A new focus on increasing the residential population of our city centres is required to enable city centre diversification, according to a recently published research report.
Scotland's Urban Age 2 (SUA2) is a major academic study of the AGE cities – Aberdeen, Glasgow and Edinburgh – commissioned by Aberdeen, Glasgow and Edinburgh Chambers of Commerce and supported by Brodies and AAB.
The report builds on three key United Nations principles:
- cities and all human settlements are central to building better;
- cities cannot flourish without well-functioning housing systems; and
- housing, mobility, environment, economy and culture are interrelated and require integrated responses.
SUA2 notes that residential development rates have halved in post-war period and identifies the public sector's withdrawal in the 1980s as having the greatest impact on Scotland housing input. The report concludes that housebuilding rates continue to be inadequate in the context of stock age and demographic trends and the issue is compounded by the renovation and retrofit requirements imposed by the climate emergency.
More City Centre Homes
The AGE city regions dominate the housebuilding markets, accounting for around 80% of Scotland's housing output, but hybrid working is increasing the attraction of commutable areas and there has been a shift in preference towards larger houses/non-flat homes, preferably with gardens.
While post-pandemic and climate emergency markets may be locally distinct, the report advises that they do share some similar patterns.
The ageing population within each city is seen as a concern. Housing options will need to include the delivery of senior living and/or housing with care, something which has historically fallen to the public sector, other than in areas of high market values.
Increasing the city centre population is seen as a priority in both Aberdeen and Glasgow, while Edinburgh already has extensive city centre living and is proposing densification across its wider urban area with housing led redevelopment. In all three cities, the increasing number of vacant buildings due to the changes in retail and office markets present opportunities for residential led regeneration, including "convert-to-rent".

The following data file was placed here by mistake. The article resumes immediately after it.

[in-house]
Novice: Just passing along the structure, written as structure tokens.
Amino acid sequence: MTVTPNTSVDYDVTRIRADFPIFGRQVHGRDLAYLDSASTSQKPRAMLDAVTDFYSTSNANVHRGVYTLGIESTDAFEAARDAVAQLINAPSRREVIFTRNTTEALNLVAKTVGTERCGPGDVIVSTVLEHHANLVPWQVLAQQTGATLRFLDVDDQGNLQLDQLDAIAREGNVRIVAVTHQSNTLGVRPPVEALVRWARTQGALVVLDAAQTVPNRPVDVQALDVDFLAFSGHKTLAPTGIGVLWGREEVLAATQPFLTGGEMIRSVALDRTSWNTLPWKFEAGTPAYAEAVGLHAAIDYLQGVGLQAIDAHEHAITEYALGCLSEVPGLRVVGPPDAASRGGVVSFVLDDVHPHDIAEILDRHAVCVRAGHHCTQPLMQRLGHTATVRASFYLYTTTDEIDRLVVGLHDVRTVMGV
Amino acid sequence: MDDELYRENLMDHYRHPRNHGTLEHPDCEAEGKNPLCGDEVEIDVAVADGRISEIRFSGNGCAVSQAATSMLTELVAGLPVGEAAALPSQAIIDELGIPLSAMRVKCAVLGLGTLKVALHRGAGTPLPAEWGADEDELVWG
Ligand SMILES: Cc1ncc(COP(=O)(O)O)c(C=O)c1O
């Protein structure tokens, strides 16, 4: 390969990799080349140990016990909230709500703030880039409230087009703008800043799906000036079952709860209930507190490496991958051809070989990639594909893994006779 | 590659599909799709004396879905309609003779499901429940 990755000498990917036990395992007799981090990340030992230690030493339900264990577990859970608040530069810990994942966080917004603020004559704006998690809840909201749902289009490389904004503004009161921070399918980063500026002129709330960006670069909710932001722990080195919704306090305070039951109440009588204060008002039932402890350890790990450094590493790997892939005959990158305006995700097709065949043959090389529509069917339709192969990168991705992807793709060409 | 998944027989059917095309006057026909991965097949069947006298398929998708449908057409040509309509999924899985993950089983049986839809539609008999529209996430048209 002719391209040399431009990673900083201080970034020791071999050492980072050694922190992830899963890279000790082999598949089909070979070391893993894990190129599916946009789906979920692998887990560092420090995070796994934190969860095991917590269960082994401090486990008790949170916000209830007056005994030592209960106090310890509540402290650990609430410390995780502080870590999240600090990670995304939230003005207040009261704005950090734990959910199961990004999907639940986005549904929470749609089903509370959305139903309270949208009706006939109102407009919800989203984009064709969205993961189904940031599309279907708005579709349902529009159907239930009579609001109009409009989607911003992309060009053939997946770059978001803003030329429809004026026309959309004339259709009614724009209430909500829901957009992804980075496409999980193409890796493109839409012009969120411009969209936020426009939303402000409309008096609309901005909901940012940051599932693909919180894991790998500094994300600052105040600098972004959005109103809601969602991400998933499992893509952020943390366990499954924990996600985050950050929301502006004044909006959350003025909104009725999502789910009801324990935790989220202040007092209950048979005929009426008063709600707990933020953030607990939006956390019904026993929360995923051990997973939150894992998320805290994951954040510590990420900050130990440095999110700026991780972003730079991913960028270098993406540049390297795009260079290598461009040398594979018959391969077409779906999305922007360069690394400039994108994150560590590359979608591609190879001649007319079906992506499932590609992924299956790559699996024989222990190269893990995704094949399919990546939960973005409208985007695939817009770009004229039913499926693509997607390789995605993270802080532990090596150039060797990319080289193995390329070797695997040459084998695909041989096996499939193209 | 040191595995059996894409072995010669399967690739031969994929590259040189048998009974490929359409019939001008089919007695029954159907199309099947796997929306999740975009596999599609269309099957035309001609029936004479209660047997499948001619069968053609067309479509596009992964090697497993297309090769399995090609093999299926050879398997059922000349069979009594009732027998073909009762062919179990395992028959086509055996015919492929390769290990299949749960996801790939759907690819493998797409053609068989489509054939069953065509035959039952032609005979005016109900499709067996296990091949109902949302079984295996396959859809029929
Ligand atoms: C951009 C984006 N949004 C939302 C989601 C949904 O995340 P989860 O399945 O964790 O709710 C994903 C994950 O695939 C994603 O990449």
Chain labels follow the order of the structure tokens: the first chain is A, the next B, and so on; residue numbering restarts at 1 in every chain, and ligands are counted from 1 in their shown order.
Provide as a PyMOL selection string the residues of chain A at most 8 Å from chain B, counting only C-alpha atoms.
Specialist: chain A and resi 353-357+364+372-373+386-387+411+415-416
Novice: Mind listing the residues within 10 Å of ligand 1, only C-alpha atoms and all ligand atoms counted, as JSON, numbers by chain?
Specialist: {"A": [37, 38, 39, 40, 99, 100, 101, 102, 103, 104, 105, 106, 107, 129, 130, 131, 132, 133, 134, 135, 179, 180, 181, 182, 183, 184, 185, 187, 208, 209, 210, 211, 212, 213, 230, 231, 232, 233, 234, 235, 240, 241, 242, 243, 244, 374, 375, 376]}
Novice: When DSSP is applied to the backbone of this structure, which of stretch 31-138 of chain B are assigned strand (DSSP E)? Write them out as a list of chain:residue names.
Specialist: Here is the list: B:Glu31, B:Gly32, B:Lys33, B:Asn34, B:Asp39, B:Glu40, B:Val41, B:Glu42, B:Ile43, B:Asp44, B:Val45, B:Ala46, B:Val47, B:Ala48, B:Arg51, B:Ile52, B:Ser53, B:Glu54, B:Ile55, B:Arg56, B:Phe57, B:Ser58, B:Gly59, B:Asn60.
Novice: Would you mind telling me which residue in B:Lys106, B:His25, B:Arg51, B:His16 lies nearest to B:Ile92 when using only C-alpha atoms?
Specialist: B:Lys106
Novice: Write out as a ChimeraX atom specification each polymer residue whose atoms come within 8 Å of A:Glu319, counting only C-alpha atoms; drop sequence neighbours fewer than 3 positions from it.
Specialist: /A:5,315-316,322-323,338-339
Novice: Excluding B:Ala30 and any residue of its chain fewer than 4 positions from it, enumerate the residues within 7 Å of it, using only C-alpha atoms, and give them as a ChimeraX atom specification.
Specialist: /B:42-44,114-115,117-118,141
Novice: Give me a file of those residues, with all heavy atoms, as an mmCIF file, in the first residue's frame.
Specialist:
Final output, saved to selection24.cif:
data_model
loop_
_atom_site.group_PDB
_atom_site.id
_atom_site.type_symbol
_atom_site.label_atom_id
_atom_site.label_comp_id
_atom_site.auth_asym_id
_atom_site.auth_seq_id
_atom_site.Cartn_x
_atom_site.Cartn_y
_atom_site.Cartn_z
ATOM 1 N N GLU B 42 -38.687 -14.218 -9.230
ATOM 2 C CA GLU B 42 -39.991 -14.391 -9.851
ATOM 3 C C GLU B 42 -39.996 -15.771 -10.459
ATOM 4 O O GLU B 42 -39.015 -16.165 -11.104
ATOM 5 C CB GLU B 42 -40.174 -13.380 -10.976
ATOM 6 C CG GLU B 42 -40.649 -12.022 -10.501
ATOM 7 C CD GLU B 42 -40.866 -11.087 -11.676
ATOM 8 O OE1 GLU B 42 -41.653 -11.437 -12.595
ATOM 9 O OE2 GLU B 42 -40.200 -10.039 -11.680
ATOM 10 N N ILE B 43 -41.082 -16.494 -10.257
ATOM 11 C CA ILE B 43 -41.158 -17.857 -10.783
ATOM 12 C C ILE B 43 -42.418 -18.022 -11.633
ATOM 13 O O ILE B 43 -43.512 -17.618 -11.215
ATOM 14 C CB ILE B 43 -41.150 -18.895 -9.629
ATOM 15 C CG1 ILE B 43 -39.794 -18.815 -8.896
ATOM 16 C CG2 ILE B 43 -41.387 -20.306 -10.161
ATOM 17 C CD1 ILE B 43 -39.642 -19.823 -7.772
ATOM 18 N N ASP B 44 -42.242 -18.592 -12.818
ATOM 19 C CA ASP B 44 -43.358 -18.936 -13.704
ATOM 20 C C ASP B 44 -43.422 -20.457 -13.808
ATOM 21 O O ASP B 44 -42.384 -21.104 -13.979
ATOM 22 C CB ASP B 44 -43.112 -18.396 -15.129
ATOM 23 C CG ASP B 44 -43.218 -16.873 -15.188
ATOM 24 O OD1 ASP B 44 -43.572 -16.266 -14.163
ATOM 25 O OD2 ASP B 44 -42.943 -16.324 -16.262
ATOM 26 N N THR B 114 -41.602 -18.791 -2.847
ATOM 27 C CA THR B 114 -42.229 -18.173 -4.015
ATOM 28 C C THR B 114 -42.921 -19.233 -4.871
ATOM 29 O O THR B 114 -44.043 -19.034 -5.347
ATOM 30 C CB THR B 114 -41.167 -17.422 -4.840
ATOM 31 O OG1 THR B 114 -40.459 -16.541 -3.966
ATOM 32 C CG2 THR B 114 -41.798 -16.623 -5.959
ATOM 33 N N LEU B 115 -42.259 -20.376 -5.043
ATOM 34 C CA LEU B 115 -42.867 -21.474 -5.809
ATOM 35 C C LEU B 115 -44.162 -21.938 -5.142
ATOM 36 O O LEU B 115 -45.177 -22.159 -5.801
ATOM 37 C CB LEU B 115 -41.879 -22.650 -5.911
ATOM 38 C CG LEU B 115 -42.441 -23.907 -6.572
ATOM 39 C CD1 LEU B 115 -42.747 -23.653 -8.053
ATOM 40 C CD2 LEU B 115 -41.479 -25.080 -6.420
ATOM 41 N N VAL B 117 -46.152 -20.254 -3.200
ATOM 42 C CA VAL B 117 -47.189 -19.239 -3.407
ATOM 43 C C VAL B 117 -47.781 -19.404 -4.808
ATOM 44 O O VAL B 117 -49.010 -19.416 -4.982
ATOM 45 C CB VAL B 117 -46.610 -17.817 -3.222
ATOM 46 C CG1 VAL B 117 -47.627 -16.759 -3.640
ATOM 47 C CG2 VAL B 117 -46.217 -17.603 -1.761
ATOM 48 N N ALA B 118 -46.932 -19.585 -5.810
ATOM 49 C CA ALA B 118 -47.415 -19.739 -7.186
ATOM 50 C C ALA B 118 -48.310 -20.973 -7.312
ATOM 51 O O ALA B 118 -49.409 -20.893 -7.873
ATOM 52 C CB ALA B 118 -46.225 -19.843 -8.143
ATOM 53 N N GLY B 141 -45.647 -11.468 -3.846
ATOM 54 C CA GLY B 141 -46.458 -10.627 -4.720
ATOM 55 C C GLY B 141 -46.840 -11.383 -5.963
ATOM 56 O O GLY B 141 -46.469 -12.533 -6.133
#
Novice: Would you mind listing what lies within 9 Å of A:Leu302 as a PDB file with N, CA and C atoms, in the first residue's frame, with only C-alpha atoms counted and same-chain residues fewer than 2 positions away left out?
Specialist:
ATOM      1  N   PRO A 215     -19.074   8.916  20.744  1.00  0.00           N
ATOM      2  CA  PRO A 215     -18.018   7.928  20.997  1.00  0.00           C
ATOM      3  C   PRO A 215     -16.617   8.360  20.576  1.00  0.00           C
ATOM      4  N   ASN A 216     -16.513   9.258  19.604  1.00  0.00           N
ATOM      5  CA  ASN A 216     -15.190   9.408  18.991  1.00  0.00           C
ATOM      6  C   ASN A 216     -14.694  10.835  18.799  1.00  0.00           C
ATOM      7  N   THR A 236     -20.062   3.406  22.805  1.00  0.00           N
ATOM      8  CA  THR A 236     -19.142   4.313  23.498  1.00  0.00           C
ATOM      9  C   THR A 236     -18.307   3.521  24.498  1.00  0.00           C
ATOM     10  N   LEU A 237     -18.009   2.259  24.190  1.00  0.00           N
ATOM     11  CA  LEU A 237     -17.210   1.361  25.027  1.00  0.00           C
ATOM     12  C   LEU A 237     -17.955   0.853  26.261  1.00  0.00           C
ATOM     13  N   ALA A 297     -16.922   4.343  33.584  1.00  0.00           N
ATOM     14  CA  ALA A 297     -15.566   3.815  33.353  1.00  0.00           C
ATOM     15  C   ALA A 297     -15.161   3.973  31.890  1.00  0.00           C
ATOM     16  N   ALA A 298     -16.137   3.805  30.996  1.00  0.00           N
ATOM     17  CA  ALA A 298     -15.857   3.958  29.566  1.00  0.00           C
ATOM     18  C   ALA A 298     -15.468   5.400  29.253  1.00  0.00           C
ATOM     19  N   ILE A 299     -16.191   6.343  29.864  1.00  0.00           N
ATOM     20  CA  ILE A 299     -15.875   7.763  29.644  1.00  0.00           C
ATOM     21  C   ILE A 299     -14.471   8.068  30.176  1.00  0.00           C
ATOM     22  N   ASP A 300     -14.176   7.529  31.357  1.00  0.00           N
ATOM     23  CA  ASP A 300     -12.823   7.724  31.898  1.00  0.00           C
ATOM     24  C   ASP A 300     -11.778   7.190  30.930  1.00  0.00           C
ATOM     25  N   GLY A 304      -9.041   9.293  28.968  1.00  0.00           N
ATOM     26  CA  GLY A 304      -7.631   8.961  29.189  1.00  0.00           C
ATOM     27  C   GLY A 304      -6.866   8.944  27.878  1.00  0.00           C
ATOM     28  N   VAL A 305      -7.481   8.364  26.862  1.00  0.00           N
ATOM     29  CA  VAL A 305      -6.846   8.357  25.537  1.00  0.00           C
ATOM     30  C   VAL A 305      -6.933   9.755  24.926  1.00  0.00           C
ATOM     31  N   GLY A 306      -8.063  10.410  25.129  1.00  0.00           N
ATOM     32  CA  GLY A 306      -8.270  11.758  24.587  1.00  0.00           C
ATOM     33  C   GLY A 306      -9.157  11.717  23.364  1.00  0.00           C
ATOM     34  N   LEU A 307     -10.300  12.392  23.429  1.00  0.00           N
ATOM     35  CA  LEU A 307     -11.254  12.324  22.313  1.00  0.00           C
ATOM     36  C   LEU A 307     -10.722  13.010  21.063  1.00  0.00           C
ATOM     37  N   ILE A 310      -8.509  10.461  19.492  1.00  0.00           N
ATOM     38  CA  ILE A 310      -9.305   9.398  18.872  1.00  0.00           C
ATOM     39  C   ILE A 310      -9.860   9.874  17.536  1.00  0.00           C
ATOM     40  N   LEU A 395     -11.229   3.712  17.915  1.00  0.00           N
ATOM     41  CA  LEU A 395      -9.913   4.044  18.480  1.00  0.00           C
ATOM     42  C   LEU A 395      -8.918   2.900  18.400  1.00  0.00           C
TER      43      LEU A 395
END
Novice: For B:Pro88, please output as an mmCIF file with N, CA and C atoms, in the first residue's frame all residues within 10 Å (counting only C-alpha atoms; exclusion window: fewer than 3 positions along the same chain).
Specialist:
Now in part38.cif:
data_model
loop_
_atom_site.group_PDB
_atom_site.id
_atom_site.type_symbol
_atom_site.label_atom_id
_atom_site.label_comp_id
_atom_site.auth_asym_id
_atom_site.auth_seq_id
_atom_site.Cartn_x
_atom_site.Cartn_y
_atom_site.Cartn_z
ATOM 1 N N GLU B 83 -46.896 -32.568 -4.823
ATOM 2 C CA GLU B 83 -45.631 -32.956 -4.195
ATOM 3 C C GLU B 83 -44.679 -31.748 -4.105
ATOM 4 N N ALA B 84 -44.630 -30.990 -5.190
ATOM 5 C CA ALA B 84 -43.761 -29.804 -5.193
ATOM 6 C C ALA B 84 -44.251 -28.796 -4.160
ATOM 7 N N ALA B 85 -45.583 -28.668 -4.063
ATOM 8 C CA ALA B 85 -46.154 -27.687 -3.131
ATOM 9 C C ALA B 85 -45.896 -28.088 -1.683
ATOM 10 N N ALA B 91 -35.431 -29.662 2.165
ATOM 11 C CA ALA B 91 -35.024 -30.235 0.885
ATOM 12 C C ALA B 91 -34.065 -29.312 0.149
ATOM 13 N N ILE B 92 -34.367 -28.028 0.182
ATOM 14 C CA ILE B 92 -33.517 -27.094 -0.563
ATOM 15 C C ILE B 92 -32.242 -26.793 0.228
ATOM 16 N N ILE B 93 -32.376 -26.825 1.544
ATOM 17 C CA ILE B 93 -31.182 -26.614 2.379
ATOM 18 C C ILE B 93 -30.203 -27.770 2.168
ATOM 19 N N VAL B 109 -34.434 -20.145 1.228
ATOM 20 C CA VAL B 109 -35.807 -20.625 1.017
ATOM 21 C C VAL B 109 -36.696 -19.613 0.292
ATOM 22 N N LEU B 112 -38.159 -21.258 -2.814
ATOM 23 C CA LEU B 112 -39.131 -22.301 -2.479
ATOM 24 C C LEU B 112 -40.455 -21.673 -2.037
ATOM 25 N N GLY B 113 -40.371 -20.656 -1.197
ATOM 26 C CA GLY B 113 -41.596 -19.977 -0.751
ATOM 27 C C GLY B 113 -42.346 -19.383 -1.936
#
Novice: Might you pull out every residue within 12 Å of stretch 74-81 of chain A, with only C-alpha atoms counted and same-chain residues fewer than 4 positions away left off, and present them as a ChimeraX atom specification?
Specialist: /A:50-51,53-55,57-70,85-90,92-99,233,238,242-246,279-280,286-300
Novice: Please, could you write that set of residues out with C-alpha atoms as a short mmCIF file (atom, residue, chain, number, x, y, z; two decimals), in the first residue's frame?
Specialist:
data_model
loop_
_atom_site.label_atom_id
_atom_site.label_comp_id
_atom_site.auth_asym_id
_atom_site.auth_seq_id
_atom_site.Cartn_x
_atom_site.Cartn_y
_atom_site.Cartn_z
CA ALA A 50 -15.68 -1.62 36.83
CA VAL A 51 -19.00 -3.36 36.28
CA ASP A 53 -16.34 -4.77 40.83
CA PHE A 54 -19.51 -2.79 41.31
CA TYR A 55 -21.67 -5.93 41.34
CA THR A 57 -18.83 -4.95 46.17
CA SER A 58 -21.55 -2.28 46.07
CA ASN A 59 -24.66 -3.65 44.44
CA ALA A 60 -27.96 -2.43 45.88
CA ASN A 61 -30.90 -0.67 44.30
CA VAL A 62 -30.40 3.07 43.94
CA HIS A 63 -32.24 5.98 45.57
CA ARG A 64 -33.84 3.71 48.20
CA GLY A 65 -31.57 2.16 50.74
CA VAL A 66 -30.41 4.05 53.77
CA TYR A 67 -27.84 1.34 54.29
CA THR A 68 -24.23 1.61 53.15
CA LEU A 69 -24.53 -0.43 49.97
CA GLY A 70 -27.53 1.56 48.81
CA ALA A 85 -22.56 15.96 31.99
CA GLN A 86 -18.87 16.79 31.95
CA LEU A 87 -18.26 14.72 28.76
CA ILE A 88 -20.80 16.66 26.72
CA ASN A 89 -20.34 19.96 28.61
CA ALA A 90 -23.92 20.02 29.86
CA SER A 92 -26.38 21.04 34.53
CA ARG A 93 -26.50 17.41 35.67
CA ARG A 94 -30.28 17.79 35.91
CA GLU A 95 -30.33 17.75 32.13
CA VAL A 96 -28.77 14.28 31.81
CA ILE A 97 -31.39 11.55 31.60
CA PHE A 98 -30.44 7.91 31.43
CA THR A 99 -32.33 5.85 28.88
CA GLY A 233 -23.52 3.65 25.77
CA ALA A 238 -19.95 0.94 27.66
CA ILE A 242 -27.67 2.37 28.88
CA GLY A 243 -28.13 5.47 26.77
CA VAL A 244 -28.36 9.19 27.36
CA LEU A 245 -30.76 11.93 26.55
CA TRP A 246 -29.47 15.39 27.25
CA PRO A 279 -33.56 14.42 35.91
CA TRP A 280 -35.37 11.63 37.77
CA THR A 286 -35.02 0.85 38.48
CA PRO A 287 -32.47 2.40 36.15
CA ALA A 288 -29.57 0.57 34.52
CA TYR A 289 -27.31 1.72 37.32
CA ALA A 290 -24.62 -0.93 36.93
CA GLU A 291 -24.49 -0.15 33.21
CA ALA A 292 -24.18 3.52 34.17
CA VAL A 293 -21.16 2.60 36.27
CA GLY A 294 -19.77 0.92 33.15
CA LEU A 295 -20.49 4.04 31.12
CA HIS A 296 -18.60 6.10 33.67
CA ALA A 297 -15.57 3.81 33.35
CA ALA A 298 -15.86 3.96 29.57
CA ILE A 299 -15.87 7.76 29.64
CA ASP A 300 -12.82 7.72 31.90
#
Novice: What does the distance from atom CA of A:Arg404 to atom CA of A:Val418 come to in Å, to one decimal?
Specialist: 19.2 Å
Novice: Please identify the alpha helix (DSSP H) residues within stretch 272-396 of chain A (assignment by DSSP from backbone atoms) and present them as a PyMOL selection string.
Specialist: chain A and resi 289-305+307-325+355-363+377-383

Glasgow's city centre is widely recognised as having a low resident population with limited new investment for a city of its scale, particularly in converting its heritage buildings. However, the city's experience of delivering public-private initiatives is seen as a major asset and continuing to reinstate urban connections – Clyde Gateway, Clyde Mission and bridging to north Glasgow – will be key to city residential development.
In Aberdeen the loss of former employment buildings and national retailers has had a major effect on the city centre, but this could provide impetus for investment and diversification, including for new models such as build to rent.
For Edinburgh, the residential focus needs to be on completing outer urban regeneration and expansions, sustaining the successful local town centres and encouraging westward growth.
The 20-minute neighbourhood which has become a flagship of the Scottish Government's Programme for Government is important, but not new, to the AGE cities. It should be a fundamental organising device for the way we live in cities.
Rather SUA2 urges Aberdeen, Glasgow and Edinburgh to practise better urbanism which embraces economic development, planning, housing, transportation and infrastructure in an integrated way. It stresses that the model can be used to address the climate emergency; highlighting that improving the quality of life in walkable city centre neighbourhoods through redevelopment and retrofitting can also help deliver on decarbonisation targets.
SUA2 suggests that given both the public and private sectors' appetite to build houses, the continually sub-optimal housing development rates reflect wider constraints: financial; industry capacity; risk appetite; models and tenure; planning policy; public appetite; service and community infrastructure. The minimum all tenure housing land requirements proposed for each local authority in the National Planning Framework 4 may give an indication of each city region's intent and the proposal for an infrastructure agency might help to unblock some of the sticking points, however some of the housing system constraints may remain.
Investment in Strategic Planning
The report calls for a more flexible, agile and responsive planning function. The current pace and scale of change in societal need, location, use and design presents a significant challenge to Scotland's planning service. There are calls for significant investment in growing and upskilling the strategic planning service to embed the principles of pace, place and partnership. The AGE cities need planners who can respond more quickly, have the capacity to design better places, and who can work collaboratively with those wishing to invest in our cities.